Brian’s Story: Reflecting on 500 Donations
By Brian Edwards, guest blogger and Milestone donor
When I was coming upon my 500th blood donation, I was asked, “What inspires you to give blood?” In answer to this question, there are five main points that come to mind:
- My parents instilling in me the value of contributing to community
- Some close connections to patients who needed my blood
- Learning of patients’ overall need for blood and the limited number of eligible donors
- Friendships developed with the blood center team members
- My physical ease of donation and a subsequent personal sense of well-being
Let me elaborate.
My mother was an RN, a stewardess and a homemaker. An oft-forgotten factoid is that, during the early days of commercial aviation, stewardesses had to be registered nurses. My parents’ combined influence on “giving back” and my mother’s background as a nurse provided focus toward the health of the community. I first donated whole blood when I was 17 years old.
Personal Connection and Patient Need
After finishing my formal education, I received a position as a research geologist with the U.S. Geological Survey in Menlo Park. As a researcher, I could adjust my work schedule somewhat to allow time for blood donations at Stanford.
Around this time, sadly, a colleague’s son was diagnosed with leukemia. Knowing the impact of platelet donation on someone so close to me, I became motivated to start apheresis donations (called “pheresis” at that time). Over the ensuing years, I continued to see the effects of blood need on those close to me when another friend’s son required a blood transfusion: That lead to my first and only direct donation, whereby I gave blood explicitly for him.
I’ve given other products as well during my years as a donor. Through conversations with the Blood Center team members, I learned of the need for bone marrow transfusions and joined that donor list as well. While I was never a close enough match to donate directly for a patient (though I was a close match three times), I was glad at the possibility of helping out a patient in need. In other cases, due to commonalities in blood markers, I’ve also been asked to donate specific products for patients with very specific needs.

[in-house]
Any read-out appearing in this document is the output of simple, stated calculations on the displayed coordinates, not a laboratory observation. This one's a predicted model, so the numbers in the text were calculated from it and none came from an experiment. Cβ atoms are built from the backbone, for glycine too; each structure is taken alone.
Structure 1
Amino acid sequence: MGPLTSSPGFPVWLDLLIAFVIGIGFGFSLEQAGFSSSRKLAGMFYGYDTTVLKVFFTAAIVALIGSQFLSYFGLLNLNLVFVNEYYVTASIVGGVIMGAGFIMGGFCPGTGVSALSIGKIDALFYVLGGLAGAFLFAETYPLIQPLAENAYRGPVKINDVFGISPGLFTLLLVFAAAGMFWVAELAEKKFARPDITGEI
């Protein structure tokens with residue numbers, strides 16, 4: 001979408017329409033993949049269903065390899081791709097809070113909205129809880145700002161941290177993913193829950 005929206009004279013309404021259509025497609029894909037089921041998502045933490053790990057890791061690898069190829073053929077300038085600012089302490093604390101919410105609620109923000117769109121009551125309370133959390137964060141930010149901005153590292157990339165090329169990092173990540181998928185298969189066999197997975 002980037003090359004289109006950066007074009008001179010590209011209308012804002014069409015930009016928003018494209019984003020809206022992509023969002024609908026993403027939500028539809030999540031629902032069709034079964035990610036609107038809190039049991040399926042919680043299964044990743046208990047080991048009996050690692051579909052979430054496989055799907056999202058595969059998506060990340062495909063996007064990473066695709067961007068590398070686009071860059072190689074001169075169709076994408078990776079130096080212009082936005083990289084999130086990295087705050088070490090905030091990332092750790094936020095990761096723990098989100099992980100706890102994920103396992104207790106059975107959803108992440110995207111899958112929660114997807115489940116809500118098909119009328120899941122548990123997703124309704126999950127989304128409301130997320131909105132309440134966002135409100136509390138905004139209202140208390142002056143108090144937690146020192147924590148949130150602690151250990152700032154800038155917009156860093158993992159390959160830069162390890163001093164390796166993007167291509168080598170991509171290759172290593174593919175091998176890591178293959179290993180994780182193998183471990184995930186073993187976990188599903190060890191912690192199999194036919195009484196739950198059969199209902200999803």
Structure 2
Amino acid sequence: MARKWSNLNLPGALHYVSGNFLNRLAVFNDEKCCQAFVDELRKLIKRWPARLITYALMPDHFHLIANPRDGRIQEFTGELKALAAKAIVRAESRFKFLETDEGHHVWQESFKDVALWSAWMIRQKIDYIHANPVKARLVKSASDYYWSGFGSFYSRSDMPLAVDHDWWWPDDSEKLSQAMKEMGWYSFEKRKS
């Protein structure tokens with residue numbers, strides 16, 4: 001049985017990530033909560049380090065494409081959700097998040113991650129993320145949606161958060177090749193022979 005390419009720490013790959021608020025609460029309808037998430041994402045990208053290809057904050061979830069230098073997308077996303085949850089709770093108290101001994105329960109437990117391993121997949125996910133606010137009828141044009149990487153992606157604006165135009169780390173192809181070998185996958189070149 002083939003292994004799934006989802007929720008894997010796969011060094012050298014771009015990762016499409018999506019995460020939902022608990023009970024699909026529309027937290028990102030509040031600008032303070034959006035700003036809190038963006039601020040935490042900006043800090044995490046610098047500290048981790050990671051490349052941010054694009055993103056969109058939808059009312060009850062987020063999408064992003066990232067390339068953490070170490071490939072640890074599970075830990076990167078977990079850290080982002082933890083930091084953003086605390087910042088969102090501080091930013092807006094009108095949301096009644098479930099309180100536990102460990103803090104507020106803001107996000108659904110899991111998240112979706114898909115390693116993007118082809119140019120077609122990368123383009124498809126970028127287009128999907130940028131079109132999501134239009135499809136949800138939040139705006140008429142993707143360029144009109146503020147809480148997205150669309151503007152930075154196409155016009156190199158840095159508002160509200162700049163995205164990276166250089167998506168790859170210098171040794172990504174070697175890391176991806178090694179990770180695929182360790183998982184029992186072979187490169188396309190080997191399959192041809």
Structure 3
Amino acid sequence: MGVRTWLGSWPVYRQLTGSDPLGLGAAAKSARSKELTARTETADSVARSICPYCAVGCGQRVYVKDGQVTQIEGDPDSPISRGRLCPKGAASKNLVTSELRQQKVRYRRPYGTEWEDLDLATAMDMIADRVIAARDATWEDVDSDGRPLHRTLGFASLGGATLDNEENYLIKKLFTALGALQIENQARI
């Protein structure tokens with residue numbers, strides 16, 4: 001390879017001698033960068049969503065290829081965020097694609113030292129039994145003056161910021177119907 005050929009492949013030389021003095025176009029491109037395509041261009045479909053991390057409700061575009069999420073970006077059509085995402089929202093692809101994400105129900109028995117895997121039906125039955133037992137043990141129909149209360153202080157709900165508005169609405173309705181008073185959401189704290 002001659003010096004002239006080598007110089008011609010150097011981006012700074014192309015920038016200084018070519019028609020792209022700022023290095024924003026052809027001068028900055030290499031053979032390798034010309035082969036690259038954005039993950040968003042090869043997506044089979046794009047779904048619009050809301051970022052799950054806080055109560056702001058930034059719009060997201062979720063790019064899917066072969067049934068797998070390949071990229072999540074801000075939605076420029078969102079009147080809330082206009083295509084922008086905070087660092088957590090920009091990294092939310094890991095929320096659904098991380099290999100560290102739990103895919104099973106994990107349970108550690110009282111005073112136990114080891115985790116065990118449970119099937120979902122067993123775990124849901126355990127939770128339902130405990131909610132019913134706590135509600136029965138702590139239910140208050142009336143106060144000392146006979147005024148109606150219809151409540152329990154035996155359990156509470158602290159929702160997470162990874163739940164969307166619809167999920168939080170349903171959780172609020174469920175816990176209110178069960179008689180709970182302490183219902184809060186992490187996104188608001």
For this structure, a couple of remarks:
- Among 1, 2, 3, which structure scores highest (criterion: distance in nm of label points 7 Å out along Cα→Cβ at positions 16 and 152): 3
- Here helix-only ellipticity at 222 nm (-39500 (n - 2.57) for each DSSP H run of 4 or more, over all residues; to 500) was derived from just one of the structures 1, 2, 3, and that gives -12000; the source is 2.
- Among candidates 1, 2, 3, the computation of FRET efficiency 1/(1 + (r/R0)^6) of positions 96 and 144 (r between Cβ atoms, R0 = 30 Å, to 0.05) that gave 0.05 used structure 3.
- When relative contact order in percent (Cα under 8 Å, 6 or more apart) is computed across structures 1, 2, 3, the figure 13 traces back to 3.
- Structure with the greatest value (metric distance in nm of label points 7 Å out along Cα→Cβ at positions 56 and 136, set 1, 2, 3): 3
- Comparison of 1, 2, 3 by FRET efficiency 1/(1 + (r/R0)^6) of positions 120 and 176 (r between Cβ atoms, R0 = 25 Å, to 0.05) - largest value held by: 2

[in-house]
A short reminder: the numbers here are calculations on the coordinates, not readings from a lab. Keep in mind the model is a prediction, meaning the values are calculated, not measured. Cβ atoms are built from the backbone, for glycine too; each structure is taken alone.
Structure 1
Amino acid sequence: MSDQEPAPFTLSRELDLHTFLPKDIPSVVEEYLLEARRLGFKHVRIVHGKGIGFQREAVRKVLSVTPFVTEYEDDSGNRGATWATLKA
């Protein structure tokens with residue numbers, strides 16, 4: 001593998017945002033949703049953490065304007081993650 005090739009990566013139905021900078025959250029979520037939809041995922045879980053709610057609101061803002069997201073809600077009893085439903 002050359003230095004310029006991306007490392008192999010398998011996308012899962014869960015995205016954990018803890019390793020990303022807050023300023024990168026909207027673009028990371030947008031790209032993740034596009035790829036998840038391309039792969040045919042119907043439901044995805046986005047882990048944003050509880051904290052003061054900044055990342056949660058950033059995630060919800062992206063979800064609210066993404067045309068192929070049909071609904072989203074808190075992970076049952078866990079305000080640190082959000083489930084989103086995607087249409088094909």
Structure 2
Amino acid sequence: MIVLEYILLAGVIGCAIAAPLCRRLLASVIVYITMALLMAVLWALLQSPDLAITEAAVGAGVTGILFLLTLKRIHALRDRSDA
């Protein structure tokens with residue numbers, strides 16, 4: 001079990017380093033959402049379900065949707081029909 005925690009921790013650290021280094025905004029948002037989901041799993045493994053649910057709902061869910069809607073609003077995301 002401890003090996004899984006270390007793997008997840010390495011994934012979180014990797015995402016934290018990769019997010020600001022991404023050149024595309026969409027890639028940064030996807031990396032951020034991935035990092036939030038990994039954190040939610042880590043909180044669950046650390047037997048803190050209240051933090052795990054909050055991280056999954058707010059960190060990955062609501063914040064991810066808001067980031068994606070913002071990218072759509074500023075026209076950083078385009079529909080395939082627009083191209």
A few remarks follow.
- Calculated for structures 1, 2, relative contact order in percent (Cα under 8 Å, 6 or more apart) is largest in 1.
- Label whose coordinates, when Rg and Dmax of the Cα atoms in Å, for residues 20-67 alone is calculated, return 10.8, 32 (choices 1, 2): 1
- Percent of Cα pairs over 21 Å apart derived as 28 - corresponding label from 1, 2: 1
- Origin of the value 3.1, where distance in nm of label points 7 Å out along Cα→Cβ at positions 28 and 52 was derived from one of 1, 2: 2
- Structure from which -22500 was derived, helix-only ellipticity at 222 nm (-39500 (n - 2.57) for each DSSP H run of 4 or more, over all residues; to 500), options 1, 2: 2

In aggregate, these occurrences reinforced understanding of the value of my blood to the community, giving me a personal connection to the contribution and resulting in a strong and continuing desire to donate. And, because blood cannot be artificially manufactured, I’m happy knowing all of my other non-specific donations help the community-at-large.
Blood Center Family
I have been donating at Stanford since the early 1980s. During that time, I became a blood drive coordinator for a time and now know many of the Blood Center nurses, technicians and team members. We have developed a sense of “family” and that community provides critically important reinforcement on the overall donation process. Without that reinforcement, I doubt that I would have donated as consistently as I have over the years.
For me, the physical act of donating is easy. The donation does take a bit of time, but I have a clear sense of well-being post-donation. In fact, much like feeling out of sorts when my body is accustomed to regular physical activity but not getting that activity, I feel strangely incomplete if I do not donate regularly.
In sum, why do I donate? I receive a personal, physical sense of well-being and value in giving to my community. Besides, I also get a cookie!
Brain was featured on BYU Radio in honor of National Blood Donor Month. Check out his inspiring and informative interview at this link.